A Greek philosopher, Heraclitus, was once quoted as saying “change is the only constant in life.” Many of us can relate to this timeless sentiment, as human life is constantly changing on the individual and societal level. Countries, in this regard, are no exception. According to a recent Pew study, in 33 years (2050) the U.S. will look very different racially. More and more citizens are projected to identify as multiracial–a trend we’ve seen growing since 2000. According to The U.S. Census Bureau, in the year 2000 6.8 million people checked more than one racial box. By 2010 that figure had increased to nearly 9 million, a spike of about 32%.

So what does that mean? It means that more and more there is a growing group in this country who feel that they cannot be simply placed into one racial category. Yet, what if that is exactly what society is trying to make them do? This is a battle we see taking place in the new documentary I am or How Jack Became Black.

Having premiered on Tuesday, February 21, I am or How Jack Became Black takes a unique look at the various race controversies in America. The documentary spawned out of a real-life scenario filmmaker Eli Steele had to endure, in which he was forced to pick a race for his children. From there we’re taken on a journey in which Steele’s son and daughter– third multiracial generation children – became one race: Black.

Filmmaker Steele uses the film to ask the question: What will this fate, where more and more individuals are identifying as mixed race, mean to a nation that has been tormented by race throughout its history? For Steele, the answer would lie within countless multiracial Americans found across the United States– so he set out to find them.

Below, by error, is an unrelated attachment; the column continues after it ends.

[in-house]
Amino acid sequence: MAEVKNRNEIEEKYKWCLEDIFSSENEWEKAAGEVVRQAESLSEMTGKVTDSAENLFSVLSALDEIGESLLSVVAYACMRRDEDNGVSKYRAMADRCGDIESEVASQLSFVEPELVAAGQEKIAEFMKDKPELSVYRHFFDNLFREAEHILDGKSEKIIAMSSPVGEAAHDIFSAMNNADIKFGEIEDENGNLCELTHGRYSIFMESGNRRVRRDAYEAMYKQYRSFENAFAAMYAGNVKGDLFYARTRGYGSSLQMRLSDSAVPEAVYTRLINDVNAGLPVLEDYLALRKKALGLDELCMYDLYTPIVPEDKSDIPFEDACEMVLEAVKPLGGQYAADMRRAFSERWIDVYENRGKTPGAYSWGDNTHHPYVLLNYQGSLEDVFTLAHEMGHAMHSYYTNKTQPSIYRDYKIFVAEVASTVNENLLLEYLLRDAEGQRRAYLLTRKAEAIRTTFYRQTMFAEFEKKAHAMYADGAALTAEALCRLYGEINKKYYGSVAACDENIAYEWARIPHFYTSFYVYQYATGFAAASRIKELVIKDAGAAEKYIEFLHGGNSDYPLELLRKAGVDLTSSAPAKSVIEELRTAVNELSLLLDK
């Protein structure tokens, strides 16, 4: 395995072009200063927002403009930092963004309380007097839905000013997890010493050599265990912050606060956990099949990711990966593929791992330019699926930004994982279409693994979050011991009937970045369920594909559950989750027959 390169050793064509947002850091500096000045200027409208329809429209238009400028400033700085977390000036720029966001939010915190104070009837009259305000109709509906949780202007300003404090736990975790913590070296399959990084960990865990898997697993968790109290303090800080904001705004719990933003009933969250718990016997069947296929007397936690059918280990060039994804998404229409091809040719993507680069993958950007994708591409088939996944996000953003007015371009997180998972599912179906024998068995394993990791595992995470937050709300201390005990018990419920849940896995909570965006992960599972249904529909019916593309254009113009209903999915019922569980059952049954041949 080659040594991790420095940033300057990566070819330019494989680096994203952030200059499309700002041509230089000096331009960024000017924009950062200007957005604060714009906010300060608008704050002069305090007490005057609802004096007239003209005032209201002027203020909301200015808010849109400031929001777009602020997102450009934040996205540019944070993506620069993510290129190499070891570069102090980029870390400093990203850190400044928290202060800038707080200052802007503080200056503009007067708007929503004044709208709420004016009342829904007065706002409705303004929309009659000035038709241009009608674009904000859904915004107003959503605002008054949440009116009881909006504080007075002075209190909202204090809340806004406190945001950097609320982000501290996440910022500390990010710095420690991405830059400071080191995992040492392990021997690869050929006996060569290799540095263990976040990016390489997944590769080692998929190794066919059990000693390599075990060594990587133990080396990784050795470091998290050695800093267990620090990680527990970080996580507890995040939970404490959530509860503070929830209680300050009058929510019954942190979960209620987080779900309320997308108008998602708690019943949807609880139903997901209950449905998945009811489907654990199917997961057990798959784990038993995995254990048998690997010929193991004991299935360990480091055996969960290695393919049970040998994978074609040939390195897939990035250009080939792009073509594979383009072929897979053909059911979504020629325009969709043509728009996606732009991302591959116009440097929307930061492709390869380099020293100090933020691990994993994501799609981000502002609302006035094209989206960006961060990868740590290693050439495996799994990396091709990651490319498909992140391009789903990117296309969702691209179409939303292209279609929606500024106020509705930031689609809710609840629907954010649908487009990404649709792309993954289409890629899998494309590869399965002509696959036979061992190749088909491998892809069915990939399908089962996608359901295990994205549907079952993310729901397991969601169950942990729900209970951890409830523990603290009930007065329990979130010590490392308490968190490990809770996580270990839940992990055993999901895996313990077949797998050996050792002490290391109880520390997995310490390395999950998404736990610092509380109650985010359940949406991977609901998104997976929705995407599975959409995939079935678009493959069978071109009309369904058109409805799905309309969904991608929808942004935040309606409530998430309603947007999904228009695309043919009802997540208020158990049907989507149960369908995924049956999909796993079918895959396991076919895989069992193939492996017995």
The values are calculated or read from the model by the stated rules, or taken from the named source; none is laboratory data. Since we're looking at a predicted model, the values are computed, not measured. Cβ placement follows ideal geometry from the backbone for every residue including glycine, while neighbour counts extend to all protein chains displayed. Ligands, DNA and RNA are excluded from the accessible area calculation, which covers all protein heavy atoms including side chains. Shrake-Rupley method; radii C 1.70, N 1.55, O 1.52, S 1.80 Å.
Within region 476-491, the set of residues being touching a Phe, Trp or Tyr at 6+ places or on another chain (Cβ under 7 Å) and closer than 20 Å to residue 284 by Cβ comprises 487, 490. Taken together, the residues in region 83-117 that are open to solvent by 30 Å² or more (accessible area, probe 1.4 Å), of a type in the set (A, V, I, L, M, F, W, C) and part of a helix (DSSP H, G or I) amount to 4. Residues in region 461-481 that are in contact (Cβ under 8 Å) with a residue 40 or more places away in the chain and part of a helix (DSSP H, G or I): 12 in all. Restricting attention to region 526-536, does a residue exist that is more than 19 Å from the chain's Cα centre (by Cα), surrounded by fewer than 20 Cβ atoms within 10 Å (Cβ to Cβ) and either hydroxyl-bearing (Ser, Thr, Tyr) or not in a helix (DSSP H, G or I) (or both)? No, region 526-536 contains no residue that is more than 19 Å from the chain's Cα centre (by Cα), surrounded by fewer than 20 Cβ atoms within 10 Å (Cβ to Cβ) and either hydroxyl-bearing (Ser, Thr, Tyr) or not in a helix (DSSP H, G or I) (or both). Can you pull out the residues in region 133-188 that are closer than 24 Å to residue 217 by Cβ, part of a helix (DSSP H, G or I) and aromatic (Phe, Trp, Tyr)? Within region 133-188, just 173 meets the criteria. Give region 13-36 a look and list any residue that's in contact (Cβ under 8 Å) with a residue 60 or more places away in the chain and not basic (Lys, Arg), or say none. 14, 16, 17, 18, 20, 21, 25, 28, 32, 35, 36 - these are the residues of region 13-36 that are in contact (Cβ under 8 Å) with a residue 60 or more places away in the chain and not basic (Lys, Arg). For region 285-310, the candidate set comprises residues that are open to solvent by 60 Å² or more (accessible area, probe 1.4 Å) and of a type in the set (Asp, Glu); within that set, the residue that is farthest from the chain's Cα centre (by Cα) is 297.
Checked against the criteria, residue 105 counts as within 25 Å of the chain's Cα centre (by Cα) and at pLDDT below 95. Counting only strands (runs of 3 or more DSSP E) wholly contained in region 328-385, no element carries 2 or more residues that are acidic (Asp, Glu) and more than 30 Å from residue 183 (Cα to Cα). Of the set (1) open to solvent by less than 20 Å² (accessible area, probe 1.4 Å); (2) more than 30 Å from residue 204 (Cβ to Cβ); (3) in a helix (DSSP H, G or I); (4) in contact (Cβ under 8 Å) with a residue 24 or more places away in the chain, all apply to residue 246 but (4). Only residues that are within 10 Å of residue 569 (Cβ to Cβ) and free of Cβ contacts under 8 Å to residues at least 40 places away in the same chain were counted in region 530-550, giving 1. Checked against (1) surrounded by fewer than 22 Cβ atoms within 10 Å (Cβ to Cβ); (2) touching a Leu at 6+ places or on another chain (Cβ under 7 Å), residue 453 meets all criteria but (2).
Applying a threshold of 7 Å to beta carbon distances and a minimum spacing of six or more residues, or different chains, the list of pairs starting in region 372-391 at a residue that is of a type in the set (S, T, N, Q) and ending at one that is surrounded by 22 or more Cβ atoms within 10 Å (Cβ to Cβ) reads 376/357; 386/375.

As a statement from the press release for the documentary explains, “It [the film] became a study of Identity Politics – with its promise of redeeming America from the old ethos of white supremacy. It became a chance to explore the racial rows making today and tomorrow’s headlines in places like the George Zimmerman trial and a conference on White privilege.”

Eli Steele, in speaking directly with TBG, explained, “I could not be born profoundly deaf and the child of an interracial and interfaith marriage and not deal with issues of race and identity my whole life… I always refused to give into these pressures to choose one race and part of the answer to why I chose that path lies in my family history. The story of how my paternal grandfather, born to slaves, became a very educated man despite segregation, affected me just as profoundly as the story of how my maternal grandfather rose to become a success after surviving the Holocaust. These stories formed the foundation of who I am.”

Steele believes that the film will show that, “race will always diminish the individual in favor of his or her racial group identity.” He went on to express that the main question he was trying to answer in the documentary was, “[what happens] if we live under a racial order that promises to redeem us from the sins of White Supremacy, but has instead trapped us in skin color?”

I Am or How Jack Became Black may have one questioning what box they fit into and how they came to fit into it. Are we ready for such a conversation in these turbulent political times?

Check out the trailer below

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